Management report, climate change, TCFD disclosures, CDP

National Grid plc – Annual report – 31 March 2021

Industry: utility

Strategic Report (extract)

Task Force on Climate-related Financial Disclosures (TCFD)

National Grid has committed to implementing the recommendations of the TCFD in full, and this is our fourth disclosure. We are committed to developing a business model that is consistent with the objectives of the Paris Agreement, and therefore set a commitment in November 2019 to reduce our Scope 1 and 2 emissions to net zero by 2050. The details of the interim targets that we have set to achieve this are included in our Responsible Business Charter (RBC) that we published in October 2020. This year, alongside the Annual Report and Accounts (ARA), we are publishing our first Responsible Business Report (RBR) which details our progress against the commitments set out in our RBC.

This year we have continued to make strong progress on full compliance with the recommendations of the TCFD. In last year’s disclosure, we outlined actions that we planned to progress during 2020/21. To address those actions, we have progressed our scenario analysis of the physical risks to our assets using updated climate scenarios, developed our RBR and updated our Company strategy to incorporate our net zero commitments. For the fifth consecutive year we received the prestigious climate change ‘A’ score from CDP Climate Change.

Governance of climate-related risks and opportunities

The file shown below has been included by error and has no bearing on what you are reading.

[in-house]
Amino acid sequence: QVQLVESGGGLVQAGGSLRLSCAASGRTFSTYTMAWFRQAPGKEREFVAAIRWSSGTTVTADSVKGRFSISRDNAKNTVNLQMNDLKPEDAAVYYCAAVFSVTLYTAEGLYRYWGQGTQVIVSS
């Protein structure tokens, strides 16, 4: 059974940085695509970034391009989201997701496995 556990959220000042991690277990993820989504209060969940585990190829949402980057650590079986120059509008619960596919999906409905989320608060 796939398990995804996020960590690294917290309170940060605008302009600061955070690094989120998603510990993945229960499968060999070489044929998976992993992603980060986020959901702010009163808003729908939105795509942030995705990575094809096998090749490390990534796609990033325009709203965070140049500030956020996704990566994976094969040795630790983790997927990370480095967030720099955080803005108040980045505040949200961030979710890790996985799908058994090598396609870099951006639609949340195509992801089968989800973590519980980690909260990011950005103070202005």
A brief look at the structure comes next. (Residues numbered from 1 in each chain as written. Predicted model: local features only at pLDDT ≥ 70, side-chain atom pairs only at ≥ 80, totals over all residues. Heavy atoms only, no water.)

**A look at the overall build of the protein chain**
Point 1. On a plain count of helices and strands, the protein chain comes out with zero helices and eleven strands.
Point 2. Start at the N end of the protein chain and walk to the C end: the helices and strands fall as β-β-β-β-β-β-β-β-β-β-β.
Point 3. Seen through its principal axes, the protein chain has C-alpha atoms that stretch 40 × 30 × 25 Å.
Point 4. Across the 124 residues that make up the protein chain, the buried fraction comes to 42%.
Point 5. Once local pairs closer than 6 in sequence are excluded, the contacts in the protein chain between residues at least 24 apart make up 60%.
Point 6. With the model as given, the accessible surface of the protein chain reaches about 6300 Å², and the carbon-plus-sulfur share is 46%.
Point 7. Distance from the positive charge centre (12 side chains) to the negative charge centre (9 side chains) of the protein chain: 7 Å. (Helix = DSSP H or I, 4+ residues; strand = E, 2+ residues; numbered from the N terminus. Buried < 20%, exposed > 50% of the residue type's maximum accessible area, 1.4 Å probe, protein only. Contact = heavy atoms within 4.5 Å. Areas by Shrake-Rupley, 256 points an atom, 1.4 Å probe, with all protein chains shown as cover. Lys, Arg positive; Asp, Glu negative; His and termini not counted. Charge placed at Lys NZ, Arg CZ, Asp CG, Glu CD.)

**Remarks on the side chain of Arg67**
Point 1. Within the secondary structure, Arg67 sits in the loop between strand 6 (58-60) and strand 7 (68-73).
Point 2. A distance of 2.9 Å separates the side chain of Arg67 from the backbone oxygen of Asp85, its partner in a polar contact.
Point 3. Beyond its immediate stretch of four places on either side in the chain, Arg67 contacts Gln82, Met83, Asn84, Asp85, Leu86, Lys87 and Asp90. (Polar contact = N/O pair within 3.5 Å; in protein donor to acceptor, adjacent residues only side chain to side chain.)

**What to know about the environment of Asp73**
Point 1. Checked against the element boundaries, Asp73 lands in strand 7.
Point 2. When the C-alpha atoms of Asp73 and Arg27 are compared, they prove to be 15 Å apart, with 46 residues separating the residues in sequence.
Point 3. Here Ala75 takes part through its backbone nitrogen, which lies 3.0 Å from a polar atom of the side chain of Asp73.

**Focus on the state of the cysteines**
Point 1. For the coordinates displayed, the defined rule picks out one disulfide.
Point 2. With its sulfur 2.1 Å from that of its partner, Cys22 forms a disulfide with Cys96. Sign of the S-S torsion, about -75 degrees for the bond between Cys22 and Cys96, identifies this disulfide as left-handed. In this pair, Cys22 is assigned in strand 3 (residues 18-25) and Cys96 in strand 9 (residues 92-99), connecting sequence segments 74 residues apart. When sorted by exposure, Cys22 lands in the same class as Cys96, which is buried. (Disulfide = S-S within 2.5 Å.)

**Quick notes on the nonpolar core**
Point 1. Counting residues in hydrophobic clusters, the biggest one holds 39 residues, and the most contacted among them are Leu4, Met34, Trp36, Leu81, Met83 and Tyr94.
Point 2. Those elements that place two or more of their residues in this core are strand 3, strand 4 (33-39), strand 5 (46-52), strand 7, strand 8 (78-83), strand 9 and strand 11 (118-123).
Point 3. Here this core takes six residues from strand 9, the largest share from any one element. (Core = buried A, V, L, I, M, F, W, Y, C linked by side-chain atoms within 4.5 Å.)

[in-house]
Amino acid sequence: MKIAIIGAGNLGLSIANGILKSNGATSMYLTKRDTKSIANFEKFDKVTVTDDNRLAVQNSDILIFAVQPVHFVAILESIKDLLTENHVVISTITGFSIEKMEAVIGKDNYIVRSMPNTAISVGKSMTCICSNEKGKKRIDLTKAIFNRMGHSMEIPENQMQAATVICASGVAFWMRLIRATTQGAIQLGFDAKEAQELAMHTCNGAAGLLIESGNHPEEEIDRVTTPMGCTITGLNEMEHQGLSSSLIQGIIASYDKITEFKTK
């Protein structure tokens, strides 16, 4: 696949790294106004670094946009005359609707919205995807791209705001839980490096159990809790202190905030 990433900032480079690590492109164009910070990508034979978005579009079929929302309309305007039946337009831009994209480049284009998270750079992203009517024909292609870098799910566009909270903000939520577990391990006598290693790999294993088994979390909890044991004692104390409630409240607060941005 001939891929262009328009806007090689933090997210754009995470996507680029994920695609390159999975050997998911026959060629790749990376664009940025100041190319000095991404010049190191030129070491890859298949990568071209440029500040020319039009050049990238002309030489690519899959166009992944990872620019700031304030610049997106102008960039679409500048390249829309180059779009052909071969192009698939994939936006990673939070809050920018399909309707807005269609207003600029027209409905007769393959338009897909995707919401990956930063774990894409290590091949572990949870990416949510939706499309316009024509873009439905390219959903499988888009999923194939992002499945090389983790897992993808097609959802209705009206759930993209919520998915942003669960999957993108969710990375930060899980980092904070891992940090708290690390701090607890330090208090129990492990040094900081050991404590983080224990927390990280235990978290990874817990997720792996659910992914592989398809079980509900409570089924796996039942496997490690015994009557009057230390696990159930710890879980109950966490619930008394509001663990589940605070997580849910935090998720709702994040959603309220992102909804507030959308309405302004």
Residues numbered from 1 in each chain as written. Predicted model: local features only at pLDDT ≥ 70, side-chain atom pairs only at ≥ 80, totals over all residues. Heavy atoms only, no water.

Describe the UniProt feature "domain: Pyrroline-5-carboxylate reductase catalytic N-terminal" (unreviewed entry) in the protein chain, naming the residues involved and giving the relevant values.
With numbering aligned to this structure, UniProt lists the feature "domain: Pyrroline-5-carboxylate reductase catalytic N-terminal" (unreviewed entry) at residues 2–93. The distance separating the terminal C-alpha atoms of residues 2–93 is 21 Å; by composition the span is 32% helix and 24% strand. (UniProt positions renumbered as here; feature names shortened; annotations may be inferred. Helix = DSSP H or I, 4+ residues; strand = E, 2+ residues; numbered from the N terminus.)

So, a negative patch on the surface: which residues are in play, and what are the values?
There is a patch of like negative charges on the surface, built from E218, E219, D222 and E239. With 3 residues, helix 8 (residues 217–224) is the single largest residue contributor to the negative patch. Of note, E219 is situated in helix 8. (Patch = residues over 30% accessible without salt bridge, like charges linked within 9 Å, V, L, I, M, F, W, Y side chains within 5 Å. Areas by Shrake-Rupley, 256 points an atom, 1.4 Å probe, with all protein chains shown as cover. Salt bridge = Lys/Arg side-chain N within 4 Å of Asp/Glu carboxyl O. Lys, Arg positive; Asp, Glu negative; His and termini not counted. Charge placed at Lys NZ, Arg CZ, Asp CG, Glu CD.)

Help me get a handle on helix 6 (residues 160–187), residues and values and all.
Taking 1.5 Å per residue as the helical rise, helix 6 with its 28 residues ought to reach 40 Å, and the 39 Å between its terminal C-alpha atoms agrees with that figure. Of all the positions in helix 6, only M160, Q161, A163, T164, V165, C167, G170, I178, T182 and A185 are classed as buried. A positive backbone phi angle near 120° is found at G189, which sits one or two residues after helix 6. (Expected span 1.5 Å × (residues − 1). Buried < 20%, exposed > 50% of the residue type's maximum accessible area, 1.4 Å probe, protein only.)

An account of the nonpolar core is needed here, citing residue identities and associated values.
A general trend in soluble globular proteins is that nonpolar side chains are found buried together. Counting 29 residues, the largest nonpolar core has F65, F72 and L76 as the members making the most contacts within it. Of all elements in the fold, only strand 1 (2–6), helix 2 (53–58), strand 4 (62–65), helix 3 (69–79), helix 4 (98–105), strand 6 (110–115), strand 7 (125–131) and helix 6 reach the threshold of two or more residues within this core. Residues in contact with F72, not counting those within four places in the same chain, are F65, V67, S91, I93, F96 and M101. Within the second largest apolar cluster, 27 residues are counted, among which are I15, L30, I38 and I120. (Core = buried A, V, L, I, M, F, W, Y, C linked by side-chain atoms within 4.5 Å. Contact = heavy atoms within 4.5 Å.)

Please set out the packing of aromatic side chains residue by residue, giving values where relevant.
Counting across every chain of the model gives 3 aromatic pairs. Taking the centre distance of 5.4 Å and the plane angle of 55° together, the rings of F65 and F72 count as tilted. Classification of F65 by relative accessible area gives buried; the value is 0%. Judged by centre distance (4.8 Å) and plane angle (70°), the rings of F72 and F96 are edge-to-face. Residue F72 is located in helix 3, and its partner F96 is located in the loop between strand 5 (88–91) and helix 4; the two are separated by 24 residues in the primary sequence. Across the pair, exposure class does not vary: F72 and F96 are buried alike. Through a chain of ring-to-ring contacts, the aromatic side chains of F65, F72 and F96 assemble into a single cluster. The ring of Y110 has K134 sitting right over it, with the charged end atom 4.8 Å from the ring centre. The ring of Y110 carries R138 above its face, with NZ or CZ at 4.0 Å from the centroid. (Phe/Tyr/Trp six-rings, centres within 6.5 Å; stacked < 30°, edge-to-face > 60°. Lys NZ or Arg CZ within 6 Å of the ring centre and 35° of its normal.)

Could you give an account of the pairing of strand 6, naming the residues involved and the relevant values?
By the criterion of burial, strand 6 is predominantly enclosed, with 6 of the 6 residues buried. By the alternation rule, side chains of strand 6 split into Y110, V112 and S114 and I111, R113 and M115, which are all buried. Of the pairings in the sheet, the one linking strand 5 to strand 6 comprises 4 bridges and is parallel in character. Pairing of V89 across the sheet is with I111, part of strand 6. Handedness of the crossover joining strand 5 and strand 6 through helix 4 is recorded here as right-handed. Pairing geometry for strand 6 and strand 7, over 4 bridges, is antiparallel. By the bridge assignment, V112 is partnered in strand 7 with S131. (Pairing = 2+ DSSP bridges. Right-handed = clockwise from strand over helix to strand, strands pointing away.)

The Board’s oversight The Board of Directors is responsible for the oversight of climate-related risks and opportunities impacting the Group. They in turn delegate some elements of their responsibility to their various sub-committees, as set out in the diagram below:

A TCFD steering group comprised of representatives from Group Financial Reporting, Safety, Health and Sustainability, Corporate Strategy and Investor Relations oversees progress against the TCFD recommendations and the publication of our annual disclosure, and reports to the Chief Financial Officer. In addition, a new Responsible Business steering group, chaired by the Interim Group Corporate Affairs Director, has been set up to provide oversight of the integration of responsible business into National Grid, including the development of ESG targets and future ESG strategy. The steering group also provides oversight over ESG-related external reporting, including TCFD disclosures and is comprised of the Interim Group Corporate Affairs Director, Chief Financial Officer, Group General Counsel & Company Secretary and the Chief People and Culture Officer. Standing attendees include the Head of Responsible Business, Head of Safety, Sustainability, Health and Environment and the Group Financial Controller.

A Green Financing Committee chaired by the Group Treasurer, provides governance over our Green Financing Programme. In December 2020, the Green Financing Committee approved the publication of our first Green Financing Report, which provided an analysis of how we utilised the proceeds from our portfolio of Green Bonds and their environmental impact.

Management’s role Management is responsible for managing on a day-to-day basis the climate-related risks and opportunities faced by the Group and for delivering the roadmaps to achieve the net zero strategy set by the Board.